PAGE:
Youth oppose NCSTP as the ‘new face of brutal mandatory military training’

Photo by No to Mandatory ROTC Network


MANILA – “Nationalism should not be forced.”

Noel, not his real name, a 17-year-old Grade 11 student has reservations about the proposed National Citizen Service Training Program (NCSTP) since there are other ways to serve the country other than forcing students to join military practices.

In a series of protests, progressive groups decried the passing of House Bill (HB) No. 6687 or the NCSTP Act in Congress, which is basically a new form of mandatory Reserve Officers’ Training Corps (ROTC).

The bill was certified as ‘urgent’ by the Marcos administration.

Progressive youth groups all over the country expressed their opposition to the “railroaded” NCSTP Act. Several protests were held, along with email blasts, social media rallies and petitions, and lobbying efforts in congress.

ROTC, under the National Service Training Program (NSTP) Act of 2002, is a voluntary course at the tertiary level where the youth are involved in military practices as training grounds for national defense. Last January 19, Vice President and Department of Education (DepEd) Secretary Sara Duterte publicly expressed support for the mandatory ROTC to encourage youth to join the Armed Forces of the Philippines (AFP).

Back then, her father, Rodrigo Duterte, during his presidential term, vouched for the amendment of the Republic Act 7077, otherwise known as the “Citizen Armed Forces of the Philippines Reservist Act,” suggesting the mandate of ROTC in senior high school and tertiary levels, in all public and private schools.

In many forms of proposed bills to mandate ROTC in schools, its history remains a breeding ground for cases of harassment and abuse against youth. The most notable case is the murder of the University of Santo Tomas student Mark Welson Chua after exposing corruption in the program. This case also led to the abolishment of the ROTC program as mandatory.

ROTC also had cases of abuse in women participating in the program. Last 2016, men cadets from Benguet State University (BSU) and Pamantasan ng Lungsod ng Pasig (PLP) were convicted of attempted rape and violence against women.

Hazing, which was institutionalized as a crime by the Anti-Hazing Act of 2018, was a prevalent form of punishment against cadets. One of which was the murder of cadet Darwin Dormitorio last September 18, 2019 inside the Philippine Military Academy, a school known for training military reserve forces.

“Heinous record of hazing, sexual assault, verbal attacks, imposition of blind compliance, repression, and other forms of physical, emotional, and psychological abuses,” is how the No to Mandatory ROTC Network described ROTC and the state’s mandate for its return.

At a press conference of the No to Mandatory ROTC Network last December 12, Dante Panalangin Jr., a senior high school teacher, fears the repercussions once ROTC in its new forms is required.

“The ROTC will not teach the students having a hard time reading comprehension. We should learn from the K-12; we should not make the students subject of experiments because, in the end, they will just be abused,” Panalangin Jr. said.

Since it became voluntary, from 800,000 students undergoing ROTC every year, it has decreased to 112,000.

In its revival in the form of NCSTP, No to Mandatory ROTC Network asserted that the bill would only benefit the Marcos administration’s campaign on disinformation and historical distortion of the crimes committed by their family.

‘Just another MROTC’

For Benhur Queqquegan, a member of the No To Mandatory ROTC Network, NCSTP is no different from MROTC.

House Bill (HB) No. 6687 was authored by House Speaker Martin G. Romualdez, who is also the first cousin of Marcos Jr.

Under this bill, all students in higher education institutions (HEIs) and in technical-vocational institutions (TVIs) under the Technical Education and Skills Development Authority (TESDA) will be mandated to enroll under this program for at least four semesters or two years, unless one is able to procure a certificate of exception from the Commission on Higher Education (CHED) or TESDA, or for “justifiable causes.”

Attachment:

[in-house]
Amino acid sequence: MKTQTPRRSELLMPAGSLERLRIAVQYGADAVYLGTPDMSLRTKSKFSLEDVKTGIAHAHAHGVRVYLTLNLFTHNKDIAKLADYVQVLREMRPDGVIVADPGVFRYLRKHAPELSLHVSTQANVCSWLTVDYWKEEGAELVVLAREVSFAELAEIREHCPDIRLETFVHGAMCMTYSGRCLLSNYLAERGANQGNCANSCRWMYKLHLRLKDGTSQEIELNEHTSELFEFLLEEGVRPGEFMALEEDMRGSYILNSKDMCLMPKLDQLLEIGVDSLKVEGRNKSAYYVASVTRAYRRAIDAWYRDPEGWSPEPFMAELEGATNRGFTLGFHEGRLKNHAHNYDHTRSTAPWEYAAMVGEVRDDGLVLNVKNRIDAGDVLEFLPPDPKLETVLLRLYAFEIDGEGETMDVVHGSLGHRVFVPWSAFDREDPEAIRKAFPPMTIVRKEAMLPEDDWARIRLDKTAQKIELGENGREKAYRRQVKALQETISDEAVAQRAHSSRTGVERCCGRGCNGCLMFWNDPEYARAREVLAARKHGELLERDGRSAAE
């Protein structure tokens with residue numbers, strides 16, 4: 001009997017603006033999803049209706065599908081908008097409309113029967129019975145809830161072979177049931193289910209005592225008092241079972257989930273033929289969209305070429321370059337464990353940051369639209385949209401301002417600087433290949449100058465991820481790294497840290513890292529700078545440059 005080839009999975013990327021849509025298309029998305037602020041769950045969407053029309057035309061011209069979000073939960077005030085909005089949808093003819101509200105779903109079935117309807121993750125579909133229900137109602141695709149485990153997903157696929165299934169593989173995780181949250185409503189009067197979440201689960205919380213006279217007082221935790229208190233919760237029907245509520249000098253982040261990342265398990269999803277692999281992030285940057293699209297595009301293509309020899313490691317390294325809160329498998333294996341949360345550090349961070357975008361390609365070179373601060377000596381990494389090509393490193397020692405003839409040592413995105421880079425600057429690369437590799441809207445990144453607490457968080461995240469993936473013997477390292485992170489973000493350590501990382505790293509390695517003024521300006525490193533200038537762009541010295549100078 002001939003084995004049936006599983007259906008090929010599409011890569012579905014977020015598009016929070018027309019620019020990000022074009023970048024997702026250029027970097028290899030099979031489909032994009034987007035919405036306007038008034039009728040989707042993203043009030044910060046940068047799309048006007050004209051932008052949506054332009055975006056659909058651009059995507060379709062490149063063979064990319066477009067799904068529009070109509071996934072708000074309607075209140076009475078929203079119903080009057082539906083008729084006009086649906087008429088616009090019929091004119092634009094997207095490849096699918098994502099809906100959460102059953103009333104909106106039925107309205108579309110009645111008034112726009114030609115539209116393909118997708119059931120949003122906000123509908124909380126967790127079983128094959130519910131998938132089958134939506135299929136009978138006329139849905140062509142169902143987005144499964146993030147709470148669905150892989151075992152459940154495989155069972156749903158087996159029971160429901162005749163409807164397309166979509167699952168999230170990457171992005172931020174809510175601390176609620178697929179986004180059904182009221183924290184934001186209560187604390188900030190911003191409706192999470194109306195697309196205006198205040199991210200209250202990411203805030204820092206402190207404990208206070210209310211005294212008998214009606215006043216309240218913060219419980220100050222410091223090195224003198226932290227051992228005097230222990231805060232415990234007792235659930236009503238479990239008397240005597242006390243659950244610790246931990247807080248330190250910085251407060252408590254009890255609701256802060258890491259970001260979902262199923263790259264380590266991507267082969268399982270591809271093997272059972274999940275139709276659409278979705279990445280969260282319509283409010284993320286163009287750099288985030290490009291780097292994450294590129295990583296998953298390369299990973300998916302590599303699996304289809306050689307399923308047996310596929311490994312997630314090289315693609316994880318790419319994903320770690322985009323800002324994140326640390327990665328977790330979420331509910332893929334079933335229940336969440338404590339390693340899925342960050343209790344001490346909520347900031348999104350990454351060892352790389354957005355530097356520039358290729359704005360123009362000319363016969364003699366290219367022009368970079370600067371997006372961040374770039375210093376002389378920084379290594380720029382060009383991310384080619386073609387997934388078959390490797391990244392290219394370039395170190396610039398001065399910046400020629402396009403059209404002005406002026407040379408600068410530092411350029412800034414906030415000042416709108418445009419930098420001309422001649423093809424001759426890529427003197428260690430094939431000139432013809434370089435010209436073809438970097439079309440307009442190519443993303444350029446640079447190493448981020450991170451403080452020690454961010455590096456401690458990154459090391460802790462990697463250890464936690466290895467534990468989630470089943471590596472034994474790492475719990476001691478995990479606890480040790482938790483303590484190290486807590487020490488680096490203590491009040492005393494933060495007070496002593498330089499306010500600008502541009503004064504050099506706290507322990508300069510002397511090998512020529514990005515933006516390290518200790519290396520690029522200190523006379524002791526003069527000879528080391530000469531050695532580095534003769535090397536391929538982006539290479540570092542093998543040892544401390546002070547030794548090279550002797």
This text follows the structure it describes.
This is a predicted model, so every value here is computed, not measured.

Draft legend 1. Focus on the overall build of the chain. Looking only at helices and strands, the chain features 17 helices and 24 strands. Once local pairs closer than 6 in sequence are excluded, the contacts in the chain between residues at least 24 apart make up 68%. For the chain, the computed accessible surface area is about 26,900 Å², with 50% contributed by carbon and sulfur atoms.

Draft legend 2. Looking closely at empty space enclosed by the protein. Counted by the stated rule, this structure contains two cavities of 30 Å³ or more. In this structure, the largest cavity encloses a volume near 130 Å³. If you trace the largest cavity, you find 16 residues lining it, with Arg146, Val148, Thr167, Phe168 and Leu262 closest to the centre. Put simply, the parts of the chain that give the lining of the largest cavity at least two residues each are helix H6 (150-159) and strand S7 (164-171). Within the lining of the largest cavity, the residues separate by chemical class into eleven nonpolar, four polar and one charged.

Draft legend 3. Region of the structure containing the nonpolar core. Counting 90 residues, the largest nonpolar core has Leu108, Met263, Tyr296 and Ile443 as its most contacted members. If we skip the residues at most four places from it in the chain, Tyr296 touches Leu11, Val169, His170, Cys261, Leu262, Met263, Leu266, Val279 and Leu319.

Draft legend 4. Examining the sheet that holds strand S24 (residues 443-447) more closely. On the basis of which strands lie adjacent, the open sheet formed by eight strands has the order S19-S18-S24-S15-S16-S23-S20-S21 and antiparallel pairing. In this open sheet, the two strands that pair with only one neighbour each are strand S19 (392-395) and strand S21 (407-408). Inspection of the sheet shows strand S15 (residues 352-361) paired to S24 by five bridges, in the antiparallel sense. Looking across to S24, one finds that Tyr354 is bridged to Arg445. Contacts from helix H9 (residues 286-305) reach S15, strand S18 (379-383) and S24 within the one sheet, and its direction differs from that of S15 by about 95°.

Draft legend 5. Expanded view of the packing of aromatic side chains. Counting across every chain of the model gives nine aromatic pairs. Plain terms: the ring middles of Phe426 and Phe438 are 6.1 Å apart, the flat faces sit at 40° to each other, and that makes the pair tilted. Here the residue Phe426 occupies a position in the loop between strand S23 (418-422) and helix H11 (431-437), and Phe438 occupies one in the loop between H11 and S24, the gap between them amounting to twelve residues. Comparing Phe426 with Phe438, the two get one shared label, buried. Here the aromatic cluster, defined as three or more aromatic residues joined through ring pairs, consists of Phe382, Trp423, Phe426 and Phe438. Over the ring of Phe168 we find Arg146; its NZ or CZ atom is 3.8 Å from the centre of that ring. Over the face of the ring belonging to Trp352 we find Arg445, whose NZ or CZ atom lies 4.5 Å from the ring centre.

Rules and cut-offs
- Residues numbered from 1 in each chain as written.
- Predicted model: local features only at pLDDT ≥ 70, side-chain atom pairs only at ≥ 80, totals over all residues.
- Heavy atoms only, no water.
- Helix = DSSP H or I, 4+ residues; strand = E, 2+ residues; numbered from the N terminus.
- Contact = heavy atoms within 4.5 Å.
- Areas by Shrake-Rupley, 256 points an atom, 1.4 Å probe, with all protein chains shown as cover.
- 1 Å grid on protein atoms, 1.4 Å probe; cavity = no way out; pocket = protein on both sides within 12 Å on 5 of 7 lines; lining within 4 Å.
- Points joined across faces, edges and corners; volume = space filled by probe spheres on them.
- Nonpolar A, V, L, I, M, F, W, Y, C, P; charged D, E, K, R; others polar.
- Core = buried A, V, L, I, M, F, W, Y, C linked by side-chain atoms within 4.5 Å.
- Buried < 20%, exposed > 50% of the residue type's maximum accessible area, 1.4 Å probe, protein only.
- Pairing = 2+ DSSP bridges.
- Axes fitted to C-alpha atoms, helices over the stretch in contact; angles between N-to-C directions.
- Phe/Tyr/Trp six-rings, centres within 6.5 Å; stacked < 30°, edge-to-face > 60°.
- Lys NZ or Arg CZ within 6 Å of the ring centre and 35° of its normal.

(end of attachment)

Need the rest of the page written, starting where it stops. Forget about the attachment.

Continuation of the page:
Under the NCSTP’s curriculum, the subject’s program will focus on “competency training,” including ‘civic duty inculcation, literacy training services, survival and safety techniques such as first-aid administration, and community or mass emergency and disaster response and management.’

Aside from this, one of the bill’s objectives is to “enhance the capacity of its citizens to mobilize and perform their constitutional duty to render personal military or civil service to the [country] in times of calamities and disasters, national or local emergencies, rebellion, invasion or war.”

The students who will finish the program will automatically be incorporated into the AFP Reserve Force.

Unlike the current NSTP program, the NCSTP will remove the freedom of the students to choose the NSTP component they would participate in, whether the Civic Welfare Training Service (CWTS), Literacy Training Service (LTS), or ROTC.

This will institutionalize only the ROTC program, which will be designed by the CHED and the Department of National Defense (DND).

Amid the youth and people’s opposition against NCSTP, Marcos Jr. certified the bill as urgent, leading to the bill’s passing in the lower chamber last December 15 with a total of 276 votes.

No to MROTC Network listed the dangers and drawbacks associated with the bill – the reason why they are opposing it.

Added expenses and waste of public funds

Queqquegan stated that since there are still no Implementing Rules and Regulations (IRR), the budget for NCSTP has yet to be finalized. However, it can be remembered that in 2019, Senator Sherwin Gatchalian said that the ROTC program “will cost the government some P38 billion annually.”

For Queqquegan, this amount will surely double in NCSTP, given that the program will be expanded for two years.

For the No to MROTC Network, the funds that will be allocated for the bill should be put to better use, such as “filling in the shortages in classrooms, books, teachers and staff, and the retrofitting of schools in compliance with the minimum health standards to ensure safe resumption of classes.”

Added burden to students, teachers, and parents

The network has also emphasized that the program will be highly “physically demanding” and can negatively affect the well-being of the students since they are also already exhausted with their academic loads.

Not only will the students be severely affected but also their parents and professors. Queqquegan stated that this would lead to extra burden and cost for the parents and additional workload for the professors, especially if the professors will undergo training and seminars by the AFP and PNP if they’ll be the ones instructing NCSTP.